The big white hunter and Nobel prize winner Ernest Hemingway is up there along with Fidel and Ernesto on Havana’s A list of tourist attractions. Hordes of visitors flock to his house in the suburbs more than fifty years after his death by his own hand in 1961. In fine weather they can see his typewriter where he always stood to write, his drinks cabinet, his bed and his trophies. Bequeathed by him to be used as an a educational centre it was reopened as a museum in 2007 when it became apparent that nothing would be preserved unless it was protected. On fine days visitors can peer in through windows that are closed during inclement weather. It’s sprawling but not flamboyant and a sanctuary for the descendants of his many beloved cats and dogs for which there is a touching cemetery.
Back in town, above the door of the Bodeguita del Medio, hangs a stained sign which reads ‘My mojito in La Bodeguita. My daiquiri in El Floridita. Ernest Hemingway’ and the tourists congregate to drink the overpriced drinks. The food is standard fare but the vegetarians among us had fried bananas along with the black beans and rice and the walls are lined with interesting photographs and the atmosphere is lively. I read and relished his spare and powerful prose avidly a long time ago. It solicited the heat of the sun and love, passion without discussion. His house is a animal sanctuary and has a dog cemetery and this love of canines and felines is as always hard to reconcile with his hunting of big game. For Hemingway and many others wild beasts are there to be conquered, or shot and stuffed. And of course he liked to rip creatures from the sea. Steven Berkoff wrote a beautiful poem “Big Game Fishing’ as ‘anindictment those who boast of ending the lives of beautiful creatures’.
My advice would be to take a four peso taxi from Vedado or Habana Vieja or make an afternoon of it and take a long walk along the famous Malecon. You may have to cross the road sometimes to avoid the waves that crash onto the pavement but you can see the stunning but crumbling architecture along this iconic sea road and recall scenes from the film Our Man in Havana. Fidel allowed the 1959 to be filmed in Cuba but complained that the brutality of Batista’s regime was not accurately depicted. Greene commented ‘Alas, the book did me little good with the new rulers in Havana. In poking fun at the British Secret Service, I had minimized the terror of Batista’s rule. I had not wanted too black a background for a light-hearted comedy, but those who suffered during the years of dictatorship could hardly be expected to appreciate that my real subject was the absurdity of the British agent and not the justice of a revolution.’
We bought tickets to the ballet at Gran Teatro de la Habana, and worrying whether the the ancient van would get us there on time was not the only bad start. The ballet was exquisite and I recognised some of the elegant and beautiful dancers I had seen walking around the old town. Alicia Alonso Cuba’s Prima ballerina assoluta said “The Cuban style comes from deep within the Cuban spirit, from our joys and from our sadness,’‘ Alonso says. “Some people are turned inward. The Cubans are always out, sensual. The Cuban ballet style comes from me, from my way of projecting my whole being. ‘What looks natural on the Soviets,’ she says, ‘would have looked mimetic, like a mannerism on us. We had a hard time explaining that to our Soviet friends.’ Many Cuban danseurs and danseuses, just like their Russian counterparts have defected whilst on tour.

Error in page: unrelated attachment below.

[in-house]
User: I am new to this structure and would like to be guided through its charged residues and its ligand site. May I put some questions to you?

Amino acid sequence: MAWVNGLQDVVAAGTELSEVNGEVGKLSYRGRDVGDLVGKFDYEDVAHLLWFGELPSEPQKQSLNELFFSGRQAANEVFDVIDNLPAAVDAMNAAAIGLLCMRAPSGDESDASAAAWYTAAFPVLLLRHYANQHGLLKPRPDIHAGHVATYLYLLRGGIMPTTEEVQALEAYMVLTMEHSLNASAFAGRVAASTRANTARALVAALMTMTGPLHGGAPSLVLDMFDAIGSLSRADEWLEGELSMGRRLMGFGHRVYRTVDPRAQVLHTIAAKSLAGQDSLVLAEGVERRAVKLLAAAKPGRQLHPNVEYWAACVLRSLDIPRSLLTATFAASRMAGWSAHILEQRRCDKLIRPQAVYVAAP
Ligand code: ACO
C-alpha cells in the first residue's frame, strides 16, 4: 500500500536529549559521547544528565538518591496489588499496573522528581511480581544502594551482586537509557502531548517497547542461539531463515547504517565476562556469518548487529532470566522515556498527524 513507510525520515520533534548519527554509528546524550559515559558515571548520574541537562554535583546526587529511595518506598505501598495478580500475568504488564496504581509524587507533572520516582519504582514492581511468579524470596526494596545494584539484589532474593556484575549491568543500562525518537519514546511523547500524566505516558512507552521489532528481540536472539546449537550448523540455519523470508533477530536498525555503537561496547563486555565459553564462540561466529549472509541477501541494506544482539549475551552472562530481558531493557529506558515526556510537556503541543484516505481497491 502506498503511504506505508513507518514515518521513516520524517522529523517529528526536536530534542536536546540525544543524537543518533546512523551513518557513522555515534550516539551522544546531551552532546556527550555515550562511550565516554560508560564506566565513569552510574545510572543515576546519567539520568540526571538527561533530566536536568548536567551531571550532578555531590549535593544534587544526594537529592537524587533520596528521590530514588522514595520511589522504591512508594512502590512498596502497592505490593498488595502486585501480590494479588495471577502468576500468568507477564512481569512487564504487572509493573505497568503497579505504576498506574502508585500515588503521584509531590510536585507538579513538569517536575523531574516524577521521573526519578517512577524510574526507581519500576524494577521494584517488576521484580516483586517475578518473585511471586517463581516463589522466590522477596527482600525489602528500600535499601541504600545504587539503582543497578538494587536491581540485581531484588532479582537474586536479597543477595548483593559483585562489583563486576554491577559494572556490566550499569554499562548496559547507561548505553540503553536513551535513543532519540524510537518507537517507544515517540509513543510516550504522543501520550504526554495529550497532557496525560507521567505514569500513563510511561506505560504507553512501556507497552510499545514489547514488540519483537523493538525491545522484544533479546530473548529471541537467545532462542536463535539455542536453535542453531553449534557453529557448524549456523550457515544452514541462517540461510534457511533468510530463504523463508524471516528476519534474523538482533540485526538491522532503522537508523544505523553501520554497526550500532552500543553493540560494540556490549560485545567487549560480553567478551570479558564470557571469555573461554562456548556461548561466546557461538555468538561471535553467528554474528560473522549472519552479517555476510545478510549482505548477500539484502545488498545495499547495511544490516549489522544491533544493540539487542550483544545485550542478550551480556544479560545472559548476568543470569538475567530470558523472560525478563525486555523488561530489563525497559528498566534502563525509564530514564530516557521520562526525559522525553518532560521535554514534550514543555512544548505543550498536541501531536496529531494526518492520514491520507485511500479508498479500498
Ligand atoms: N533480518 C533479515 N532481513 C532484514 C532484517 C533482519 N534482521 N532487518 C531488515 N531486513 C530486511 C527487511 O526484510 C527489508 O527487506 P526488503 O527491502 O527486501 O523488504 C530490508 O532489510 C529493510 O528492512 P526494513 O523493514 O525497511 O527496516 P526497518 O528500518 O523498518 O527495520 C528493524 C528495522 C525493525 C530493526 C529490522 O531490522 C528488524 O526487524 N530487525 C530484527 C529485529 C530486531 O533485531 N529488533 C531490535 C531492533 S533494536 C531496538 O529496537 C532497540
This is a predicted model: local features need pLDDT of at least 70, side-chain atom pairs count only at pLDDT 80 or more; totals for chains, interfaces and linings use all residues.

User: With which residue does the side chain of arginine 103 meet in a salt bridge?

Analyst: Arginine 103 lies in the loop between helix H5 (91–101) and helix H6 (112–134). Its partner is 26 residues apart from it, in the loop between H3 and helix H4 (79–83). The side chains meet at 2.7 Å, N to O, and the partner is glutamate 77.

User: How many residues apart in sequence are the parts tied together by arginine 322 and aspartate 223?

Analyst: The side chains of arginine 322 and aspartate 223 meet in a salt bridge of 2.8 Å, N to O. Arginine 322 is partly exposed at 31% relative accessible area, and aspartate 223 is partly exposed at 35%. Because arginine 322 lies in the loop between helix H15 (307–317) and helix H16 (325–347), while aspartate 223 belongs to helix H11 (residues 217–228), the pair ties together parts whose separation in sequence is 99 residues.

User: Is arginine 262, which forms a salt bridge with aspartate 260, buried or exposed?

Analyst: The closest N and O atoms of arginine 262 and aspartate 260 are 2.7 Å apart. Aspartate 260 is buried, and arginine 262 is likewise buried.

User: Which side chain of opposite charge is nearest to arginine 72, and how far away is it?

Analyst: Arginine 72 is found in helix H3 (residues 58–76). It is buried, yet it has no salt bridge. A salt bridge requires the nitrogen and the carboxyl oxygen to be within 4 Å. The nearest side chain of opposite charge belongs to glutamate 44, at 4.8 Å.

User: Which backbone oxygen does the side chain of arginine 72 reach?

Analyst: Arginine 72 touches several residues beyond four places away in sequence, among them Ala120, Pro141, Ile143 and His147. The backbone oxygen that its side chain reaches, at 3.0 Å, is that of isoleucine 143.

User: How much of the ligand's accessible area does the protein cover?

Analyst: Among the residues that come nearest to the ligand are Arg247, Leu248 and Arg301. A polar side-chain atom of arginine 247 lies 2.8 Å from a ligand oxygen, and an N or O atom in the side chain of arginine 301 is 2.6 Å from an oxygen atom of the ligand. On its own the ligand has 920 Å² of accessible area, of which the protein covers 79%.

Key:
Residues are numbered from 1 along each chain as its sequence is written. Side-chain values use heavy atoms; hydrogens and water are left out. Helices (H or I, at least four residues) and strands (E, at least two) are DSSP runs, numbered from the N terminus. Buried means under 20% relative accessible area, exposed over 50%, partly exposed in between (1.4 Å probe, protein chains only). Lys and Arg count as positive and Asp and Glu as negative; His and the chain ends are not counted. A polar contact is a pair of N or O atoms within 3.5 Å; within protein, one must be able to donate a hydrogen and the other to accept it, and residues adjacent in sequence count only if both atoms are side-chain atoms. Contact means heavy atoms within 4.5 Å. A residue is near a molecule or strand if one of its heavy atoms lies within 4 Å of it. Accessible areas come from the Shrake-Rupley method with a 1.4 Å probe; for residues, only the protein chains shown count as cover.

A lot of people bypass the hustle and bustle and exhaust fumes of Havana and head straight for the beach resorts. One afternoon, those of us not staying on for a beach holiday at the end headed out to one to see what all the fuss was about, this was the Caribbean after all. A thirty minute taxi ride took us to the one of the Playas del Este and the beautiful golden sands and azure waters of Megano. It was stunning, uncrowded and unspoiled but with bamboo sun shades and little beach huts selling delicious cocktails and snacks.
We decided on one cabaret show too and the Cafe Parisien, located next to our afternoon haunt the Hotel Nacional was chosen. It was a dazzling spectacle that almost lasted too long and is probably one of the most expensive nights out to be had in Havana. It certainly ticked the ‘see a cabaret’ box. The room was small and intimate and plush and we had an excellent table next to the stage. The food, paid for with the tickets was shocking. Ham in the vegetarian pasta and the carnivores didnt like what they got either.
Havana was wonderful in spite of the absence of the big draw, our original intended mentor. The disgruntled ones along with all the others were offered a free weekend of coaching with Steven Berkoff (who had had contractual obligations) on The Isle of White and the best fun ones went along and it served as a marvellous reunion. Hours were spent in elegant high ceilinged rooms and ye olde pubs with the mesmerising and formidable thespian and captivating raconteur.